I really like the idea of conducting your own annual self-review which I first thought to do courtesy of Chris Guillebeau. So on October 30th, one month before I intended and after having lost power in my apartment due to Hurricane Sandy, I started my first annual self-review while my apartment was still lit by natural daylight. Overall, I consider 2012 to have been a good year for me personally, though there are areas of my life I still need to work on, and it sure as hell wasn’t a good year for some very important people in my life.
I’ve recently started to think a lot about my relationship with my parents. Earlier this year, I had developed a somewhat deep resentment of my parents – my father due to his raging alcoholism (despite having terminal cancer) and my mother for always having put up with his abuse, never standing up for herself, and basically not emulating a woman with self-respect. I started calling and visiting them less and less.
About a month ago, I read a book called “Make Every Man Want You” by Marie Forleo, which is really a book on how to live in the present moment (something I still really need to work on). In it she talks about how she used to think that she had a mildly abusive childhood based on the way her parents disciplined her, but then later came to realize that that was an idea developed in the mind of a bratty teenager which she carried into adulthood, and that limited idea was holding her back from experiencing life in the present. She realized later that she did not truly understand the complexities of raising a child, that she probably drove her parents absolutely nuts, that she in fact had a very normal upbringing and thank goodness that her parents raised her the way they did otherwise she would not be the woman she is today.
Despite all my father’s rages, he’s very rarely ever missed work, even now that he’s so sick that he can barely swallow water. When I was younger he would take me to the mall because I wanted a new outfit and would actually shop with me even though he would be absolutely bored out of his mind. He bought me flowers the day after my first ballet and tap recital when I was 9 because I cried when all the other girls got flowers after the show but it didn’t cross his or my mother’s mind to get me any. He and my mother bought me my first computer in 1997 (a Packard Bell, 1 GB hard drive, 16 MB of RAM) which cost them the equivalent of 3 week’s pay. He and my mother paid for most of my college expenses out of their life savings even though I could have taken the loans out and paid for everything myself. He’s always been very self-conscious about his English and his very thick accent and I think has always felt flustered by the fact that no one seems to care or truly understand him, including me.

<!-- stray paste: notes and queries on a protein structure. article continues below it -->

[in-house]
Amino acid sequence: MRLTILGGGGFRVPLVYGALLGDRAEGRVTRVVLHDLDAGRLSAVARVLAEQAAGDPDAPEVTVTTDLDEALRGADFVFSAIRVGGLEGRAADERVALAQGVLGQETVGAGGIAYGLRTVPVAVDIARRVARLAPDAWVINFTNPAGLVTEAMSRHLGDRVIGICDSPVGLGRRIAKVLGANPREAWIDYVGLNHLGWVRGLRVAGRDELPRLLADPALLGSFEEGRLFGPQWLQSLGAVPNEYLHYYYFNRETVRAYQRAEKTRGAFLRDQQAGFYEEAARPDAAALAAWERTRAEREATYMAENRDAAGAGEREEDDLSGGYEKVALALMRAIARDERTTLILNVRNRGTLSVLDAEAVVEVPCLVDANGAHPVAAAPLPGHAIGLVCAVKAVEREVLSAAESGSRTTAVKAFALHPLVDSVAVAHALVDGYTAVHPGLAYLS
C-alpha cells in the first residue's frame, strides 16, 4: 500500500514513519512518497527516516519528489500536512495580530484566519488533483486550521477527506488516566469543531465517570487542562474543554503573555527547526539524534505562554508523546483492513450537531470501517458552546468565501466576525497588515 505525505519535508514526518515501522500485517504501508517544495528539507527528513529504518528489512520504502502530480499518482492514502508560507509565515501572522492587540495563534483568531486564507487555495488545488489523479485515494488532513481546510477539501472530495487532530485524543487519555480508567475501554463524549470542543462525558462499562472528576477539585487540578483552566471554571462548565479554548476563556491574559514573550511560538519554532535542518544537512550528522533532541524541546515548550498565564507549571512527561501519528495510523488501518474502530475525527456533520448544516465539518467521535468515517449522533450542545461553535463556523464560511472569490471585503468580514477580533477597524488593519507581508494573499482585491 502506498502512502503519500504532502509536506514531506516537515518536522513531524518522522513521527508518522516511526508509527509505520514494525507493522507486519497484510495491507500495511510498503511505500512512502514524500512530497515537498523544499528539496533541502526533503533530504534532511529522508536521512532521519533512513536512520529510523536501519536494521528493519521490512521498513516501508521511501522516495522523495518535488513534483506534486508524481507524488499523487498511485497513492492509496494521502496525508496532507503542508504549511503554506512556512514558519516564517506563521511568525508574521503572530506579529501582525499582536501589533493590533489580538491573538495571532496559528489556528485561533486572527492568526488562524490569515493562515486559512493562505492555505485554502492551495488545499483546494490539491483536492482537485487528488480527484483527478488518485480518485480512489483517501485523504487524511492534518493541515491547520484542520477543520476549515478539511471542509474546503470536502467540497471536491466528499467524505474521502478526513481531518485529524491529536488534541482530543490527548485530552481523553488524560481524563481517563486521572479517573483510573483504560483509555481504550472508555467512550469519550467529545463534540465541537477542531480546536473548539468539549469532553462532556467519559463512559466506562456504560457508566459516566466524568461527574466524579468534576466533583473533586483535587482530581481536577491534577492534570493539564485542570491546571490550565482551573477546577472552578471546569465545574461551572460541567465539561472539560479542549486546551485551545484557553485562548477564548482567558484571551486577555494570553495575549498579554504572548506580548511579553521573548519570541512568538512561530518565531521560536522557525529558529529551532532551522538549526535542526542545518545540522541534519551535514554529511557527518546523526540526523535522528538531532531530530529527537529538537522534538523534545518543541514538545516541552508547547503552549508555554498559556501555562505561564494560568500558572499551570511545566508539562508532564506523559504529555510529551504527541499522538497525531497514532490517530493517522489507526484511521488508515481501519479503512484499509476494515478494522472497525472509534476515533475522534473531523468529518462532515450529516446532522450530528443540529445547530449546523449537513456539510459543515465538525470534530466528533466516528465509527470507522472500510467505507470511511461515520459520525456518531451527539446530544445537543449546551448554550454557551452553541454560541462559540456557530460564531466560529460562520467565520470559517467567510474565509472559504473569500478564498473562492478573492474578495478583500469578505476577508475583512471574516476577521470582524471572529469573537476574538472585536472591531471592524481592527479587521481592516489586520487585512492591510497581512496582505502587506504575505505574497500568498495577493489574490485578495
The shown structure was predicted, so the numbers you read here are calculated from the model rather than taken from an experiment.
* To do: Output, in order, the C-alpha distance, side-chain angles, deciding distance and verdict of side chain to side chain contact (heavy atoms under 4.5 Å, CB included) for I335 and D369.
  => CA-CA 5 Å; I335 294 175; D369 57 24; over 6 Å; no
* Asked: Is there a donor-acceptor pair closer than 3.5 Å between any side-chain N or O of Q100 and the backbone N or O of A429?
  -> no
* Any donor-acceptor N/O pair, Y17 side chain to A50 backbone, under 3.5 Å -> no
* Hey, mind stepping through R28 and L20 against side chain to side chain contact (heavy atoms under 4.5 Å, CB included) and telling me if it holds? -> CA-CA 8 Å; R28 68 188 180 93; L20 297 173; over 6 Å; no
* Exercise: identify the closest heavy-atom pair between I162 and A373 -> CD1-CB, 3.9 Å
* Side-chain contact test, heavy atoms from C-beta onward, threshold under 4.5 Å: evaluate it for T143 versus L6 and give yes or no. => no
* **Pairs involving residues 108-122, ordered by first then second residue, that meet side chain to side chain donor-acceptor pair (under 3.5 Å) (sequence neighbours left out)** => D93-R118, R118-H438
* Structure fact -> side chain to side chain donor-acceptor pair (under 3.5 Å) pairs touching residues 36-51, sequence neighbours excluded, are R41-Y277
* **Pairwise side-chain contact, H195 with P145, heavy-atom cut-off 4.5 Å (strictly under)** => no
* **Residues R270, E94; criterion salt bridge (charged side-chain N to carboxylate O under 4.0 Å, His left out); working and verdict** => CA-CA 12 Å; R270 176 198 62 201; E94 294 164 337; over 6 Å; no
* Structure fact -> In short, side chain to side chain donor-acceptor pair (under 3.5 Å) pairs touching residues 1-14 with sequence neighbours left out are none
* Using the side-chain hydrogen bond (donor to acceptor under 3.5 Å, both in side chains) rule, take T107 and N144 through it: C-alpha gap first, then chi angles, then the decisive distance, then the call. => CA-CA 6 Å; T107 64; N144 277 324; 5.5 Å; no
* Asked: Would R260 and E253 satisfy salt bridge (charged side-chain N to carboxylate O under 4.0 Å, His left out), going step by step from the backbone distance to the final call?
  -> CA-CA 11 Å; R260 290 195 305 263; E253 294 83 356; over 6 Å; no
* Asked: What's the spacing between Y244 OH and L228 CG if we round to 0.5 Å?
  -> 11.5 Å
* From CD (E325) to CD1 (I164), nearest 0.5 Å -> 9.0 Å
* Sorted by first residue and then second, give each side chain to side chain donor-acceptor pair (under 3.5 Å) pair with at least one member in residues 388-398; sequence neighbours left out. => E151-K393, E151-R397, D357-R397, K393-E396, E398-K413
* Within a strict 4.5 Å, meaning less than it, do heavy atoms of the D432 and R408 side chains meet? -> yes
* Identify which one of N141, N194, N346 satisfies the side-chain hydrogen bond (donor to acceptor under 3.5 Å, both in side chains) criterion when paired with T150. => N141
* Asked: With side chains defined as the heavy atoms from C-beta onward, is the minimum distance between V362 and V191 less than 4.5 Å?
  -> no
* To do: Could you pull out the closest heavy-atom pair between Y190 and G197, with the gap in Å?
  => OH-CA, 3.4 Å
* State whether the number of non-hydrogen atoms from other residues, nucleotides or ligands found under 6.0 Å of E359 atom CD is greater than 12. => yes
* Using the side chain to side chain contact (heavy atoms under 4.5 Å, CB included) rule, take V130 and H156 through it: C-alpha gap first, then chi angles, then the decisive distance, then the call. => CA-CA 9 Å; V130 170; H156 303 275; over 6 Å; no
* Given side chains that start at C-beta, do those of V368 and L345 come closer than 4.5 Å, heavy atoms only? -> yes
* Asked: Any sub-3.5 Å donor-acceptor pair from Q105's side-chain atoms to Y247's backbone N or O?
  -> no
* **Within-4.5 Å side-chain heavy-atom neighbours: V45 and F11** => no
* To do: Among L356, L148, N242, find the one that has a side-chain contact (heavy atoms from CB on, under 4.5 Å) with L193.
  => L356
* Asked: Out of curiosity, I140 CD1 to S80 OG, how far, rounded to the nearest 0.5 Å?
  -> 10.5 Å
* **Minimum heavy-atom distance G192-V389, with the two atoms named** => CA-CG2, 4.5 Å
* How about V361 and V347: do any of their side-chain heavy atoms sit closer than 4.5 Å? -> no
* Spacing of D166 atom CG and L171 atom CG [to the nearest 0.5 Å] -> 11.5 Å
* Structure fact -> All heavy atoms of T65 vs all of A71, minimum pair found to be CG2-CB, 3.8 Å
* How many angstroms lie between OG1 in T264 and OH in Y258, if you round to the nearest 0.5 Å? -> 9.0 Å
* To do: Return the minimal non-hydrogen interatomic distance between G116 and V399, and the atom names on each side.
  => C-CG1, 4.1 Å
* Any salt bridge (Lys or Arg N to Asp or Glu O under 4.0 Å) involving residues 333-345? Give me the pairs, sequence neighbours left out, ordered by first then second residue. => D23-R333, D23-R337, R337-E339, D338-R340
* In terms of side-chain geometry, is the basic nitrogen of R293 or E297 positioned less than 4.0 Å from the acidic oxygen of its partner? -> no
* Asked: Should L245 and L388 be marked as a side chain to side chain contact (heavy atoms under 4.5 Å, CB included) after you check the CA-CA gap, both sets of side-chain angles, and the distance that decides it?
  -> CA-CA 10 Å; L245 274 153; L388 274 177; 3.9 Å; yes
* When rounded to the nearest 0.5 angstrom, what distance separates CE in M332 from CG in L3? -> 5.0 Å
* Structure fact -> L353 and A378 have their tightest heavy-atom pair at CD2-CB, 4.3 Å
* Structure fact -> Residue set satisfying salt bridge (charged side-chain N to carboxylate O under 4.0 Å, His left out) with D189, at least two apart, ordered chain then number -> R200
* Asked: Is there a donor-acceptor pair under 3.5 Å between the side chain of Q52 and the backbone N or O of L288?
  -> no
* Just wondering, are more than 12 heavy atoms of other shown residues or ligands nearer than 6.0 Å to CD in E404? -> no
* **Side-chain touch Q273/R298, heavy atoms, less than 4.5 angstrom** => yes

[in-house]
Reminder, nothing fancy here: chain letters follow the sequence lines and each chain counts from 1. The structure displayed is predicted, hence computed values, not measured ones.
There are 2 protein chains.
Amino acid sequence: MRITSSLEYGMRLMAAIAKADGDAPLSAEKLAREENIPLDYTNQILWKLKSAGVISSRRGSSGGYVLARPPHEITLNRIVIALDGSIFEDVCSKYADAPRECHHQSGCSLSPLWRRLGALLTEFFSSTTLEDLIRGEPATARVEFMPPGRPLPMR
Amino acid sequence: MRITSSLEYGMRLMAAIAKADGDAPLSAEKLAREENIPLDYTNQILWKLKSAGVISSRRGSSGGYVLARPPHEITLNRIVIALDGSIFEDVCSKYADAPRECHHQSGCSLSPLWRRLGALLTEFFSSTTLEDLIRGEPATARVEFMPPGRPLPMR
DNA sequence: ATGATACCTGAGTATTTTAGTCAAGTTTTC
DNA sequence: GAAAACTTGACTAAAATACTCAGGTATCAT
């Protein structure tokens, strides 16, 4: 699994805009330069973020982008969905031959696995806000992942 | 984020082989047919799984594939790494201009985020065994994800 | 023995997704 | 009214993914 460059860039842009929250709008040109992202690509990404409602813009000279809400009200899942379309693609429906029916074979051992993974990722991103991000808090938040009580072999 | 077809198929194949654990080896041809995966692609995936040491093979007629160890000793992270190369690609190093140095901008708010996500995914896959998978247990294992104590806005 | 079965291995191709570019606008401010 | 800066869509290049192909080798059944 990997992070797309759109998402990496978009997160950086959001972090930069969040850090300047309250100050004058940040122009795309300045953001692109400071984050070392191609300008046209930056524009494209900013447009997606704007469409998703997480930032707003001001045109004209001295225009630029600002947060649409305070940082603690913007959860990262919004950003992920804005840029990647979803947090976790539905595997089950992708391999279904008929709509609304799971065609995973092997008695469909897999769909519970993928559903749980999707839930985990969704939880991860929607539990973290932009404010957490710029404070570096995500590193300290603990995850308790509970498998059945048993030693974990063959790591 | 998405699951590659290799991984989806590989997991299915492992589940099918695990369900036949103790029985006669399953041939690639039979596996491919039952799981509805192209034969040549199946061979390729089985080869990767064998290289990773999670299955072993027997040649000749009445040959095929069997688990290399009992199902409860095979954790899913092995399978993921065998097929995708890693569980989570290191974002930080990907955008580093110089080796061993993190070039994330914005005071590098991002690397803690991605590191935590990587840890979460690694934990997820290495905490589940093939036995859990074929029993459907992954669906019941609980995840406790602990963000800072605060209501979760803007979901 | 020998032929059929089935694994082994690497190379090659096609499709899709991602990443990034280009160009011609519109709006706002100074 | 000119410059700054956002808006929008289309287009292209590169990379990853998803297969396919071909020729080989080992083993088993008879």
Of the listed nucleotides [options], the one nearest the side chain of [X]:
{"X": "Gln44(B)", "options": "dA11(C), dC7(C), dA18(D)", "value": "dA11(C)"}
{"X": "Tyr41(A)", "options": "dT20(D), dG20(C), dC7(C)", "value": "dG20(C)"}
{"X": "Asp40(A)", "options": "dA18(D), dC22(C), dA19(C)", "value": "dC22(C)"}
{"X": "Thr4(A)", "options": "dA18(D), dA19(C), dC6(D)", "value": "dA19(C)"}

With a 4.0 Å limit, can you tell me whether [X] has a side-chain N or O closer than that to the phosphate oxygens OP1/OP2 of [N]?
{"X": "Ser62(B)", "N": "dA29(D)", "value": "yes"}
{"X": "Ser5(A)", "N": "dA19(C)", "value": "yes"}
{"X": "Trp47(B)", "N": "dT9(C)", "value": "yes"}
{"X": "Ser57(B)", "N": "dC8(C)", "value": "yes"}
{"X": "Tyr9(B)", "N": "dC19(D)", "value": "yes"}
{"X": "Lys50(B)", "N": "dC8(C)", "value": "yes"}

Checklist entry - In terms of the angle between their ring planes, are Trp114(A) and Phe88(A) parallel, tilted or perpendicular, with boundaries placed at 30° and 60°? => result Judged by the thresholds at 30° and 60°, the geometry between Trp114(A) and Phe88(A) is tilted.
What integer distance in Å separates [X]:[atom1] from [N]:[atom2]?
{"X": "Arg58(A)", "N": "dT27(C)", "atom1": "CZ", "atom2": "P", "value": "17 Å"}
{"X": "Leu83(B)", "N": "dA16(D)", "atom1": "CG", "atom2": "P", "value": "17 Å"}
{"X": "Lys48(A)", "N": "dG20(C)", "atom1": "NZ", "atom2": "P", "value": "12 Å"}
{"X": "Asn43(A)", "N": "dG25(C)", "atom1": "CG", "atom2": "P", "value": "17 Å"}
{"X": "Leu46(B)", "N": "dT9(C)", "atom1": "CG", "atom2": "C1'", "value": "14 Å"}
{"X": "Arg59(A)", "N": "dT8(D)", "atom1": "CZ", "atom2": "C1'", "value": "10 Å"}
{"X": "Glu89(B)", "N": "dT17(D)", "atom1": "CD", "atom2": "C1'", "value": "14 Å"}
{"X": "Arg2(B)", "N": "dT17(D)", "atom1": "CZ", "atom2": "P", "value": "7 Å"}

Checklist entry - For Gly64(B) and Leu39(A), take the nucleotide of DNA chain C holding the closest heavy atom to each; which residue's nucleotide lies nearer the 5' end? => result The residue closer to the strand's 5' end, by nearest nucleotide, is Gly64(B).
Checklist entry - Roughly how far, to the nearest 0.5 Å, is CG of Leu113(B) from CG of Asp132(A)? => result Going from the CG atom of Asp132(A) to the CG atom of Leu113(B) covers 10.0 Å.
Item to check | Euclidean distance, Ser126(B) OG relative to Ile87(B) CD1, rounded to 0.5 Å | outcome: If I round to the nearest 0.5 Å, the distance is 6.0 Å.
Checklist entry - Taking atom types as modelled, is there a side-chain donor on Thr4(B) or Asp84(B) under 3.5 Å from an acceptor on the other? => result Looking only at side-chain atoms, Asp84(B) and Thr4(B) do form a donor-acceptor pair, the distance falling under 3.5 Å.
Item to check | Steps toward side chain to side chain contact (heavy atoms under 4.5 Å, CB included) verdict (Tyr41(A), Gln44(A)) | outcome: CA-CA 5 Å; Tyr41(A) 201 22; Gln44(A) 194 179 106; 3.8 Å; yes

And now he’s dying.
I’m sorry to say that only now am I finally beginning to realize how much, how much, he and my mother sacrificed for me, without ever so much as asking me for a show of gratitude.
I may never get a chance to finally express how much of what they have done for me has helped me to become the woman I am today. The woman who my father actually said to me earlier this year that he’s so proud of.
My mother never left my father’s side, no matter how he treated her. My mother married, moved across an ocean to a foreign land where she didn’t know the language and had no family and friends, and had a baby within 18 months’ time frame. She’s worked, kept a home, and helped raise a kid while largely feeling isolated and alone. She would take me to the doctor every time I got sick (which was pretty often back then), and always waited with me in the freezing cold for the bus to take us home and back. She cooked dinner every night and well-intentionally made me eat every bite of it. She and my dad always brought me to Portugal every 3 years or so despite how much weeks’ pay a vacation for all of us would cost. She’s always hated being so far away and isolated from the rest of her family, yet never once turned her back on me or my father. It was hard to raise me – I didn’t always do what I was told and always fought back. Yet she’s sacrificed her whole life, cleaning houses to help support her family, and she’s also never asked for so much as a show of gratitude.
Shame, shame on me for only now realizing everything that my parents have done for me.
Time is running out for my father and I don’t know if I’ll even be able to begin expressing my gratitude to him while he’s still around.
My mother will be the one I’ll be worrying about. What will she do after he passes on? Now that I’m all grown up will she finally be free to go back to Portugal like she’s been dreaming of for years?
And with me, I still have my whole life ahead. Do I go ahead and follow my heart to Sydney and open up so many possibilities for my own life, or do I try to repay the eternal favor to the people who I owe my entire life and existence to?
I hope that the decision I make will be blessed by the two people who I basically owe my life to.
I am so glad that I am finally starting to realize my gratitude for every ounce of sacrifice and sweat my parents have shed for me to have a better life than they had, and I’m super grateful for every single life experience I’ve ever had which has brought me to this very moment.
I just hope that the remainder of my life can only begin to make my parents proud and that somehow I can repay them for the all the sacrifice. I’m so sorry for the delay and I hope that somehow I can make all the effort up to you.